Stunningly Beautiful Trios – La Jolla Music Society’s Beethoven Feast: Part Two

Greatness and mastery are ineffable. Saturday, May 15, the trio of pianist Wu Han, violinist Philip Setzer and cellist David Finckel put those attributes on display during their marathon traversal of a stack of Beethoven masterpieces. The programs, taken from the Op. 1, Op. 70, and Op. 97 Piano Trios, were presented in afternoon and evening installments, separated by a dinner break.  I attended the second of these. The audience was offered the slightly sadistic pleasure of watching these fine, veteran musicians handle the demanding rigors of two taxing programs of great chamber music repertoire on the same day.

Philip Setzer, Wu Han & David Finckel [photo (c) Frank Stewart]

Philip Setzer, Wu Han & David Finckel [photo (c) Frank Stewart]

Pianist Han opened the proceedings with alluring and fascinating ad lib program notes delivered from the stage. Her energetic stage entrance and delivery, while sporting a stunning fuchsia kaftan, portended an exciting program. Her insights dovetailed nicely with the fine, published program notes of Eric Bromberger and brought unique views to the incipient listening experience.

From the brilliant, virtuosic opening passages of the Piano Trio in D Major, Op. 70, #1 (“Ghost”), it was clear that this was going to be a special night. Ensemble concerns were dispensed with immediately in the piece’s crackling, unison opening. This seamless playing was pretty easy to anticipate since Setzer and Finckel had played together as members of the exalted Emerson Quartet for over thirty years. These gentlemen know each other so well that the one says “Gesundheit” before the other one sneezes. Han and Finckel, a celebrated husband/wife, cello/piano duo in their own right, also seemed to know each others next move well in advance. There ensued a stratospheric level of ensemble work that was an utter joy to behold.

Pure magic showed her delightful face during the slow “Ghost” movement. Musical phrases were seemingly created from nothingness; floating upwards, they transmogrified and then descended to earth as transcendental musical events. The concluding third movement Presto provided a rollicking good time.

By the end of the first piece, it was apparent that the particular ecosystem of this trio was unique – and problematic. Han clearly serves as the alpha, which elicits challenges. The contemporary practice among pianists in chamber groups seems to be to perform with the piano lid completely open. Pianists tend to believe that the sound of the open instrument allows them a wider tonal palette. But if they are not constantly mindful, overpowering their onstage colleagues poses a constant danger.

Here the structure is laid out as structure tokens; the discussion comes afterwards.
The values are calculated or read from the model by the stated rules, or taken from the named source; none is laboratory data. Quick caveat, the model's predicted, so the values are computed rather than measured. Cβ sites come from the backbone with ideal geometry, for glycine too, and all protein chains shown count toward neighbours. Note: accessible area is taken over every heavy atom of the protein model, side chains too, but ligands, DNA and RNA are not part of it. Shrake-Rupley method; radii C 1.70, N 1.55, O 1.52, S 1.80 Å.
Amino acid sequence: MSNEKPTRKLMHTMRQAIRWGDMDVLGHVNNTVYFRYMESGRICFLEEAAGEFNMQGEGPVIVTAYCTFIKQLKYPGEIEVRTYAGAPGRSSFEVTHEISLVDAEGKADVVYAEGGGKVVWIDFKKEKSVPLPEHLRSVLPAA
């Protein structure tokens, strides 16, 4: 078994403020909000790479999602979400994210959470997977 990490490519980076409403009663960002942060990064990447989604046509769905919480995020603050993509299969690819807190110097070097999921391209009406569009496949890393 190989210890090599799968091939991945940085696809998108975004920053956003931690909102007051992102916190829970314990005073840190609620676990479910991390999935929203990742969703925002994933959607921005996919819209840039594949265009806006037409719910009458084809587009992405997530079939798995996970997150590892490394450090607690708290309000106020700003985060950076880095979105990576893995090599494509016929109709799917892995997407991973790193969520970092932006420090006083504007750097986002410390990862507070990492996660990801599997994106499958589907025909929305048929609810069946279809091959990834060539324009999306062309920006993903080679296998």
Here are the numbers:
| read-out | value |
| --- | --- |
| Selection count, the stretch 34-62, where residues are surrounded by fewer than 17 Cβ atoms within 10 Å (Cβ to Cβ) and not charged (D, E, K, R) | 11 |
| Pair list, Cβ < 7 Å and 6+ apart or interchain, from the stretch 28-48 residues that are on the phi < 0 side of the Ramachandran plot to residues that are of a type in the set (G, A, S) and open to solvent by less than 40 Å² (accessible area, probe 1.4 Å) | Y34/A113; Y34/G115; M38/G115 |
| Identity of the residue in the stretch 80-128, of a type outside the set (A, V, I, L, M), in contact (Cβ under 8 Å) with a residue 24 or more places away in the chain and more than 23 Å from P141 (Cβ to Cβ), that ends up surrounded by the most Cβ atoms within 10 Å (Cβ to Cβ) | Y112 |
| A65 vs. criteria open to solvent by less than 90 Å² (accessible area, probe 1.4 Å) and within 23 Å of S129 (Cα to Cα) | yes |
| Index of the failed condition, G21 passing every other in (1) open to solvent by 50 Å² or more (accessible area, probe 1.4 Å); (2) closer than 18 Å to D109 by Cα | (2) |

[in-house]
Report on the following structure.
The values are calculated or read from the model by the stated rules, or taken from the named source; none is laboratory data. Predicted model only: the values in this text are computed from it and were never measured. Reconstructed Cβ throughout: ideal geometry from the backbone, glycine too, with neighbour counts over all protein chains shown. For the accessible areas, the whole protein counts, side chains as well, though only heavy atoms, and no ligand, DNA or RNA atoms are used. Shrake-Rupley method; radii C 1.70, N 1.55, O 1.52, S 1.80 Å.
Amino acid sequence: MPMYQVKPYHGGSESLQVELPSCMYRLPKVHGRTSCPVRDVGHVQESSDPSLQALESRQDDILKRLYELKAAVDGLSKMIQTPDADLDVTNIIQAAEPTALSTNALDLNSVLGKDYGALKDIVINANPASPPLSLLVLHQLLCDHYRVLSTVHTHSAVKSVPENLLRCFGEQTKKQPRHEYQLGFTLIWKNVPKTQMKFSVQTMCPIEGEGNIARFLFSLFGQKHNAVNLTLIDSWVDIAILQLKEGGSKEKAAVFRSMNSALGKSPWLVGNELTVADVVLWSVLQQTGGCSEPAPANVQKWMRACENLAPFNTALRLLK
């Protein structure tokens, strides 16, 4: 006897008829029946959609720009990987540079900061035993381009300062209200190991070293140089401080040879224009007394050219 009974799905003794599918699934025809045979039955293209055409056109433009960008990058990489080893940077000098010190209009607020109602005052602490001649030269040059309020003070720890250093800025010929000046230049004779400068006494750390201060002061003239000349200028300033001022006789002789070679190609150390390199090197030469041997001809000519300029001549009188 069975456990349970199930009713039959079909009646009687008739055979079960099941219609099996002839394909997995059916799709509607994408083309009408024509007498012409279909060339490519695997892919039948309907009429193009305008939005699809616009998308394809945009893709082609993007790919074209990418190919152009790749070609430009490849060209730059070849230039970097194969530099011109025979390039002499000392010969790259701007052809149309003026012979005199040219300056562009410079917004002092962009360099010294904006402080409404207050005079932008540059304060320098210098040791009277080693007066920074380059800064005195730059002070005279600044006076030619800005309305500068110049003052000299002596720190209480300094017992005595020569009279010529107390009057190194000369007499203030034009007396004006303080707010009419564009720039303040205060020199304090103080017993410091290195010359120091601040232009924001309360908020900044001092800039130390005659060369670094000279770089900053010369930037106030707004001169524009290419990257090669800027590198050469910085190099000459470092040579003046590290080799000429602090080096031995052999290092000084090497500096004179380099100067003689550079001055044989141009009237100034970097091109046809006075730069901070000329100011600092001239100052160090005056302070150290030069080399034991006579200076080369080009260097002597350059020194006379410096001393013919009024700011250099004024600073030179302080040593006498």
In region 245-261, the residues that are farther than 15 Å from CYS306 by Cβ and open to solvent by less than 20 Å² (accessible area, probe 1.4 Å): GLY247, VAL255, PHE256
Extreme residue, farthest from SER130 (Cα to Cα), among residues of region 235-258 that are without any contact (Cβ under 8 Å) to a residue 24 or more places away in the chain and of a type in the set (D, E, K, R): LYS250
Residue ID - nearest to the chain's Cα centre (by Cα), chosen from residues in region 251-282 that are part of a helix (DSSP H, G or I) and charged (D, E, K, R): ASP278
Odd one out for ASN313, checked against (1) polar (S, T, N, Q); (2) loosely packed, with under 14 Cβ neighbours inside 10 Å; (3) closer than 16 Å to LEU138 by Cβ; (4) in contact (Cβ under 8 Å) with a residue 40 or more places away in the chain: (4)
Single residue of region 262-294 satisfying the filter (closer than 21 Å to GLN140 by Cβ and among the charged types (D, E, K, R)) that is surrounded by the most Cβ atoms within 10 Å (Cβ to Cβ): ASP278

Sherwood Auditorium’s massive, bright sounding Hamburg Steinway, coupled with Han’s huge sound and the lack of an acoustic shell muddied the blend of the three instruments. The strings huddled in their timbral world while the piano remained staunchly in its own. Mature musicians of this caliber should not fall prey to such pubescent problems or, in the case of the pianist, licentious temptations. Hopefully, some of the acoustic anomalies of Sherwood will be eliminated in coming years with the new $62.5 million Conrad Prebys Performing Arts Center (aka ‘The Conrad’), although  overpowering one’s colleagues will not be solved with a new hall.

Fatigue from the marathon day seemed to set in during the performance of the Piano Trio in E-flat Major, Op. 70, #2. Setzer, in particular appeared to lose his way halfway through the piece, and the sensitive audience became aware that all was suddenly not well with the world. Being the crack professionals these players were, they still buckled down and delivered a “merely” excellent (read: not transcendental!) performance. Thankfully, they were saved by the intermission bell after receiving a standing eight count.

Revived with a few moments’ rest, the hardy band delivered a smashing post-intermission “Archduke” Trio in B-flat Major, Op. 97. Dedicated to Beethoven’s most important patron, the Archduke Rudolph von Hapsburg, the piece actually became the composer’s final public performance in 1814 (apparently, it did not go very well for the now nearly-deaf pianist). The “Archduke” stands, in a certain sense, as the paragon and virtual apotheosis of Beethoven’s fecund second, “Heroic” stylistic period. It displays the by-then famous, forty year old composer’s unique compositional mastery and brings with it steep, virtuosic requirements for its performers. The trio brought down the house with its overwhelming, muscular performance. The one issue that remained was one of balance, where Han’s fortissimo drowned out any possibility of nuance from her string playing colleagues.

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